The second novel by IMPAC Dublin Literary Award-winning author Kevin Barry takes as its subject the Beatles’ John Lennon. The action falls in the middle of the five-year stretch where Lennon essentially retired from music, prior to his assassination. The story is set on the island Lennon purchased in Clew Bay, Co. Mayo in 1969, where he goes to practice some therapeutic primal screaming to try and alleviate his writer’s block. He brings Cornelius O’Grady along with him – and a funnier or more unscrupulous character in fiction there hasn’t been in ages.
Barry sets himself a difficult task in writing from Lennon’s own point of view; there isn’t a voice more popular or widely heard than his in history, and the familiarity of the speech patterns carries high levels of expectation. The author has Hiberno-English down, but it’s interesting to see just how closely evolved the dialect is with Liverpudlian (he feels it necessary to describe this linguistic research in the curious explanatory notes located in the middle of the book, but one could just as easily have assumed this based on the strength of his dialogue). Putting words in Lennon’s mouth is riveting for the most part; I only wonder at the decision to directly lyricise this chapter of his life towards the end of the book in a spoken-word track, which unsurprisingly fails to match Lennon’s songwriting power.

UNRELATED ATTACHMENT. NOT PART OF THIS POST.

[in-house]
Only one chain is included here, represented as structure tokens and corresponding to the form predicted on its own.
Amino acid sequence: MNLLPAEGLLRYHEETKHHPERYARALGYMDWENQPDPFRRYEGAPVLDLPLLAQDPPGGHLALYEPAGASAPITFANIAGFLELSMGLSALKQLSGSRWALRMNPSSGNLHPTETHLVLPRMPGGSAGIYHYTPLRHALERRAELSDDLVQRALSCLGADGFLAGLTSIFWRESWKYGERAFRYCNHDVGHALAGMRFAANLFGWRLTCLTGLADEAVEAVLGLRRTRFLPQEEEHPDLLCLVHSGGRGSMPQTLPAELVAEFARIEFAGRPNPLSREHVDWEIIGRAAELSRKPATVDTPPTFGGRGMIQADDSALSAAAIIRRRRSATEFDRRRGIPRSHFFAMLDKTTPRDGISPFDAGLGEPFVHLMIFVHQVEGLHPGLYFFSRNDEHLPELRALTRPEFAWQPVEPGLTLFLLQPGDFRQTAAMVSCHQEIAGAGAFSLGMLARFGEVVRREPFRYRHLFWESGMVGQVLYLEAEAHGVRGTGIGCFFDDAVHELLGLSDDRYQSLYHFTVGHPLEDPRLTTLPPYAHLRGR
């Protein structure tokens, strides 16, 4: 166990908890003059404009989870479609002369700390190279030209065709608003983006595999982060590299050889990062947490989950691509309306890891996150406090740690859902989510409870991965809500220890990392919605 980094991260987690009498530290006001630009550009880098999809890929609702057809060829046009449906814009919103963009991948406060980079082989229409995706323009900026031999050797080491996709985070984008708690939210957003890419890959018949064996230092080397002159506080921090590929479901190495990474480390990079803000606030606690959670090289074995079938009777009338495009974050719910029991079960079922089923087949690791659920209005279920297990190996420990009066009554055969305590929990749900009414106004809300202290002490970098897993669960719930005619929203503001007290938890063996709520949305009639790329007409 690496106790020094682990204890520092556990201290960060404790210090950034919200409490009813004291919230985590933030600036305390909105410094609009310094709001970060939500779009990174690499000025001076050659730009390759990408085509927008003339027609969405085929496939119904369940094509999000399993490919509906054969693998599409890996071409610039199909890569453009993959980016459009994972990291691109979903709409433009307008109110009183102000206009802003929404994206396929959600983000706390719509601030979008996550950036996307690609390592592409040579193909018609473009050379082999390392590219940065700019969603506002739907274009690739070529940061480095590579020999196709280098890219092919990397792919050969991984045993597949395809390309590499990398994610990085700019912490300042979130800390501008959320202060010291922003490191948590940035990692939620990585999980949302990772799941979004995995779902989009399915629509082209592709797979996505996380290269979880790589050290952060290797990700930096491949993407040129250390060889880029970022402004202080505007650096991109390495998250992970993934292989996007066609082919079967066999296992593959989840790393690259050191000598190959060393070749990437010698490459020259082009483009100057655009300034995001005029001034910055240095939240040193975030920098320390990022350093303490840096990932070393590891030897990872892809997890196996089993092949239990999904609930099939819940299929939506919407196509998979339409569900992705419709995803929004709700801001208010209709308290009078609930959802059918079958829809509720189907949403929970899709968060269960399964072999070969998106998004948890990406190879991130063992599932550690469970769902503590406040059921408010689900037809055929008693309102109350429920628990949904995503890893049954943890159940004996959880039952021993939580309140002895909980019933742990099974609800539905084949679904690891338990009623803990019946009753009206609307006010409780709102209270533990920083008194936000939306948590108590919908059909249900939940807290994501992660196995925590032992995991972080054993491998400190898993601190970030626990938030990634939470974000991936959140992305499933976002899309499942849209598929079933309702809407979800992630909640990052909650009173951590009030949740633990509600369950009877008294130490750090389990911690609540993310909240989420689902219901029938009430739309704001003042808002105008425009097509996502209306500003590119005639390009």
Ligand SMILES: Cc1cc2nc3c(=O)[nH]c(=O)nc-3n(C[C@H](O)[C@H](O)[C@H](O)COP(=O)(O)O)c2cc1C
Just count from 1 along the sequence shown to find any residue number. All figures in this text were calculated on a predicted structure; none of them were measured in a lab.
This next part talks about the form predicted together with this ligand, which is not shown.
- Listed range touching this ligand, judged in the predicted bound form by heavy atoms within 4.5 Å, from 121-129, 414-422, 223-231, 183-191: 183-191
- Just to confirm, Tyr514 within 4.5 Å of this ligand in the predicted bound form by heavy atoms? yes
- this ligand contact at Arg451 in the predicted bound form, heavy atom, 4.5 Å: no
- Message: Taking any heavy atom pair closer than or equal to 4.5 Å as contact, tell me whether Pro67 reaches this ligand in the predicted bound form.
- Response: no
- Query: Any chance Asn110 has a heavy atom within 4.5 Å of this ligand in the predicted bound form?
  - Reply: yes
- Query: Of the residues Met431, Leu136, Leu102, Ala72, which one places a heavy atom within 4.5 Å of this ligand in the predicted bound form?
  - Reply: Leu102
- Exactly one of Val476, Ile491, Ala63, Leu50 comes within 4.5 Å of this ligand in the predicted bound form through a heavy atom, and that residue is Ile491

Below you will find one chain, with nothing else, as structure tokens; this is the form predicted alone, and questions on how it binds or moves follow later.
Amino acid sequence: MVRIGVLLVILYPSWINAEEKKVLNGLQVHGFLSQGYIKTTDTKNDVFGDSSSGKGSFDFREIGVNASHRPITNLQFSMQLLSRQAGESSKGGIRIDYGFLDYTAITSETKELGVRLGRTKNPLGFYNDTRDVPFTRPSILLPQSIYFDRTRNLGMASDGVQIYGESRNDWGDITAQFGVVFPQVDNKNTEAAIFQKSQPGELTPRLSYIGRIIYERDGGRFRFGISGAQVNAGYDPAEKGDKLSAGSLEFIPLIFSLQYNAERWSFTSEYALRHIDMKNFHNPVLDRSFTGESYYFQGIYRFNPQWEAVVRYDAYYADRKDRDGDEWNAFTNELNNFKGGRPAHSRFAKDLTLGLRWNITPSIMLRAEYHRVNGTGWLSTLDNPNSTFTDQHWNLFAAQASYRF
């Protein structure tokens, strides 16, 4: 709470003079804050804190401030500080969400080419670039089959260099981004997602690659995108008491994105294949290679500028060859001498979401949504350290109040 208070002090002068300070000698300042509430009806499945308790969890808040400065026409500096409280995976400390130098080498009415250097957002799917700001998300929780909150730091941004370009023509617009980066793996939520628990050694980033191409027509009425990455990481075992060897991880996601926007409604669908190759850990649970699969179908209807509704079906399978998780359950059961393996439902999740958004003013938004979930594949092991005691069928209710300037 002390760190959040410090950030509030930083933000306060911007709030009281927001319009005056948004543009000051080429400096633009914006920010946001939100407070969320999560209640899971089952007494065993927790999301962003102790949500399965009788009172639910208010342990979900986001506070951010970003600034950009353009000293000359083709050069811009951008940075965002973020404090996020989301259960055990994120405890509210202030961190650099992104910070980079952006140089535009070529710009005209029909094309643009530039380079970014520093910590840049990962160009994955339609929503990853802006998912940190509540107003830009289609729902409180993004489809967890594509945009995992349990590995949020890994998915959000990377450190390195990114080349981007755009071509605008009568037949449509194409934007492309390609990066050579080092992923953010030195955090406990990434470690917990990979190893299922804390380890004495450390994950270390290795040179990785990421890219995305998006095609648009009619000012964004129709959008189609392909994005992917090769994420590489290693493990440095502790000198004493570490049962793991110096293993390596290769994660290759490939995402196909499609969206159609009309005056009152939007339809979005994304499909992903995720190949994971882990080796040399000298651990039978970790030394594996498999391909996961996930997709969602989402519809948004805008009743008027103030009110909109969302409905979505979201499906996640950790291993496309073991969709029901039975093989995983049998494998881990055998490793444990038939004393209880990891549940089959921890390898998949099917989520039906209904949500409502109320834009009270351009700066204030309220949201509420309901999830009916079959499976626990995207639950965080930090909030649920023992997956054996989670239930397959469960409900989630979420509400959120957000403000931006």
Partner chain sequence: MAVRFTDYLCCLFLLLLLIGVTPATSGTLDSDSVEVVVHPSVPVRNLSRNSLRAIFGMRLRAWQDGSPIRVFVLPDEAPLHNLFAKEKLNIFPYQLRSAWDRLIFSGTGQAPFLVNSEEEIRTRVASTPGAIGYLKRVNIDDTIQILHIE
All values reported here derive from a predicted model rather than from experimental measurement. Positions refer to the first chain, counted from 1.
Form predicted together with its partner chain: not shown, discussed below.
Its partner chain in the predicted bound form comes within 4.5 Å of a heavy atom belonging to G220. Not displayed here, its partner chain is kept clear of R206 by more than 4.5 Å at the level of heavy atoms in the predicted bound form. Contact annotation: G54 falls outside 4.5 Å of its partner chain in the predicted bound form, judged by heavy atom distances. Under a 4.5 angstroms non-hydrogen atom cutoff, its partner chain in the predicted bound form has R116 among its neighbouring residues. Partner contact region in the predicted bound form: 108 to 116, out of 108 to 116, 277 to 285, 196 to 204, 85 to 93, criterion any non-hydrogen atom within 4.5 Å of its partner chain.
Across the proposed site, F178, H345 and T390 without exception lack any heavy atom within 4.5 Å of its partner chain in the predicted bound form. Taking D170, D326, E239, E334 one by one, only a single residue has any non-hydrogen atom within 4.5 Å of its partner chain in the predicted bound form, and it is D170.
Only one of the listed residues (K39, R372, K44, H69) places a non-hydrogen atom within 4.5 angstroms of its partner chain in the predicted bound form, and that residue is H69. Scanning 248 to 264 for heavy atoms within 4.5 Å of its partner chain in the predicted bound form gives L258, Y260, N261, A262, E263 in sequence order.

Words: Eoin Tierney